A federal report finds at the same time Iowa’s economy made big gains in the past year, many Iowans dug themselves deeper into debt while saving less. Rich Cofer, senior financial analyst with the Federal Deposit Insurance Corporation, says Iowa’s loan demand has outpaced deposits for three straight years.

Cofer is based at the F-D-I-C’s Kansas City Regional Office, which oversees a dozen Midwestern states, including Iowa and Nebraska. Cofer says “What we’ve seen certainly over the last several quarters in Iowa and Nebraska is a continued economic improvement in both of those states and typically when you have economic growth you also have increased demand for lending activity.

We’ve certainly seen that in both Iowa and Nebraska.” He says as people borrow more money and save less, that puts banks in something of an awkward situation. Cofer says “A lot of our banks in Iowa and Nebraska are in rural areas and they’re suffering from long-term depopulation trends and that has put a lot of pressure on their deposit-gathering activity. They all share the same common theme that they they do have difficulty in attracting local deposits in their market.”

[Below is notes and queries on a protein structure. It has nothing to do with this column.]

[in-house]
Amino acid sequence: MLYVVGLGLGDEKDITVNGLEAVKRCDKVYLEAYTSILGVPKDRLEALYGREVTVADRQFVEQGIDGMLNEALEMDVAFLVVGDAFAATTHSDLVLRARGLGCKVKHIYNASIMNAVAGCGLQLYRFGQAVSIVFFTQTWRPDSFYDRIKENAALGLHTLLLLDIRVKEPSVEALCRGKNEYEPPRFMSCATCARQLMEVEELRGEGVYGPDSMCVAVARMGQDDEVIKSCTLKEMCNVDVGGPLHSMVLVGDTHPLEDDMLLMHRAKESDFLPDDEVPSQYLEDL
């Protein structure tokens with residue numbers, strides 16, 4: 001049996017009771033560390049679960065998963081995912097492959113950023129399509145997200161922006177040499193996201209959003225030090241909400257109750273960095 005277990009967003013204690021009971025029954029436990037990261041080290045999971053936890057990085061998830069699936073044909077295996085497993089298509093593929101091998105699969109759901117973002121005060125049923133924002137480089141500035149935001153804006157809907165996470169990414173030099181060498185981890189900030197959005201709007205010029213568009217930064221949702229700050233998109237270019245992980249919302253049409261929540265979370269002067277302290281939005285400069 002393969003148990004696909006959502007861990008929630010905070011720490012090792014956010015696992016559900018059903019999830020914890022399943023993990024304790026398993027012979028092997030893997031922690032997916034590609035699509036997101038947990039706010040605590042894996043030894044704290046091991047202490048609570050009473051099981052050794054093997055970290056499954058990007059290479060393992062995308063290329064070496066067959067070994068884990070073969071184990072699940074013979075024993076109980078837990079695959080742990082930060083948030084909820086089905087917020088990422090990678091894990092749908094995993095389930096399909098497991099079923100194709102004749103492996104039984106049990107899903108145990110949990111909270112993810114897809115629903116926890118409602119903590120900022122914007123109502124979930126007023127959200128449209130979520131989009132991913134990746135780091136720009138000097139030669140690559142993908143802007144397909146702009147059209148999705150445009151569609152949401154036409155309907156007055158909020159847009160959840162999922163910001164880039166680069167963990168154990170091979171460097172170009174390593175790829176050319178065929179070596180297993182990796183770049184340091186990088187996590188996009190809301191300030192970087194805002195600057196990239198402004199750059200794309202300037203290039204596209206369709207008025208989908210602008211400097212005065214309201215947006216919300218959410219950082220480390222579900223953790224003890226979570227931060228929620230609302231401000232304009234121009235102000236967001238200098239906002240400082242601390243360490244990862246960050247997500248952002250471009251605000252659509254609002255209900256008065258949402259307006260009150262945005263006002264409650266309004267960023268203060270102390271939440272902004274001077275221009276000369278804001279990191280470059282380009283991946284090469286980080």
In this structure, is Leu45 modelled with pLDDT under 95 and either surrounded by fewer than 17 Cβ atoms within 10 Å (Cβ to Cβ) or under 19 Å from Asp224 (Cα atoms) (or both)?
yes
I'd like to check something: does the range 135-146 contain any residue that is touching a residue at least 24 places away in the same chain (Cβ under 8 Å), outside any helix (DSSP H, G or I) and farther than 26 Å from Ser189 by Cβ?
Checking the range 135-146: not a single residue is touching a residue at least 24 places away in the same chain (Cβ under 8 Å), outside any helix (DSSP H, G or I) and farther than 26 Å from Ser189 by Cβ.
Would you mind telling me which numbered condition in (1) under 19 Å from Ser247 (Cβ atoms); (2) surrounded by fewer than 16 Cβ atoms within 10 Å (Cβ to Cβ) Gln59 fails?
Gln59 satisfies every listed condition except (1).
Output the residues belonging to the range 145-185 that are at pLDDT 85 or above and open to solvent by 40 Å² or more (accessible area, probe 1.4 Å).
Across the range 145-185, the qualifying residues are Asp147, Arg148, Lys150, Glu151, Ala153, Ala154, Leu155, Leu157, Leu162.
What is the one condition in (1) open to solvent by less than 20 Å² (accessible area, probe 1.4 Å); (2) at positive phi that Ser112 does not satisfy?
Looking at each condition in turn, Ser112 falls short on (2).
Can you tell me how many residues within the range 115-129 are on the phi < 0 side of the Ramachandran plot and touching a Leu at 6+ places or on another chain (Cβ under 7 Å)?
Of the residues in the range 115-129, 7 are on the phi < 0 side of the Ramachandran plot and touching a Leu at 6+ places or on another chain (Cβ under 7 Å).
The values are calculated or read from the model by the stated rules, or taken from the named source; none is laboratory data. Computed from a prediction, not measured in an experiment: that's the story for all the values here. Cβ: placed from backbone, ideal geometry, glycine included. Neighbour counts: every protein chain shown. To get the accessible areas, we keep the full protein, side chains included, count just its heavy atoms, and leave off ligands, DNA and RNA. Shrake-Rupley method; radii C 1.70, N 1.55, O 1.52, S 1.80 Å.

He says this pattern can actually work to the consumers’ advantage, as when banks are competing for customers, they may offer higher rates for deposits in savings accounts, money markets and C-Ds. Cofer says “One thing a lot of our community institutions in Iowa and Nebraska have turned to are borrowing from the Federal Home Loan Banks in Des Moines and Topeka.

These are programs where they’re able to pledge some of their real estate-backed loans and receive funding from these entities. So we’ve seen that grow throughout the banks in both states.” To see the agency’s full report on Iowa or any other state, surf to “www.fdic.gov”.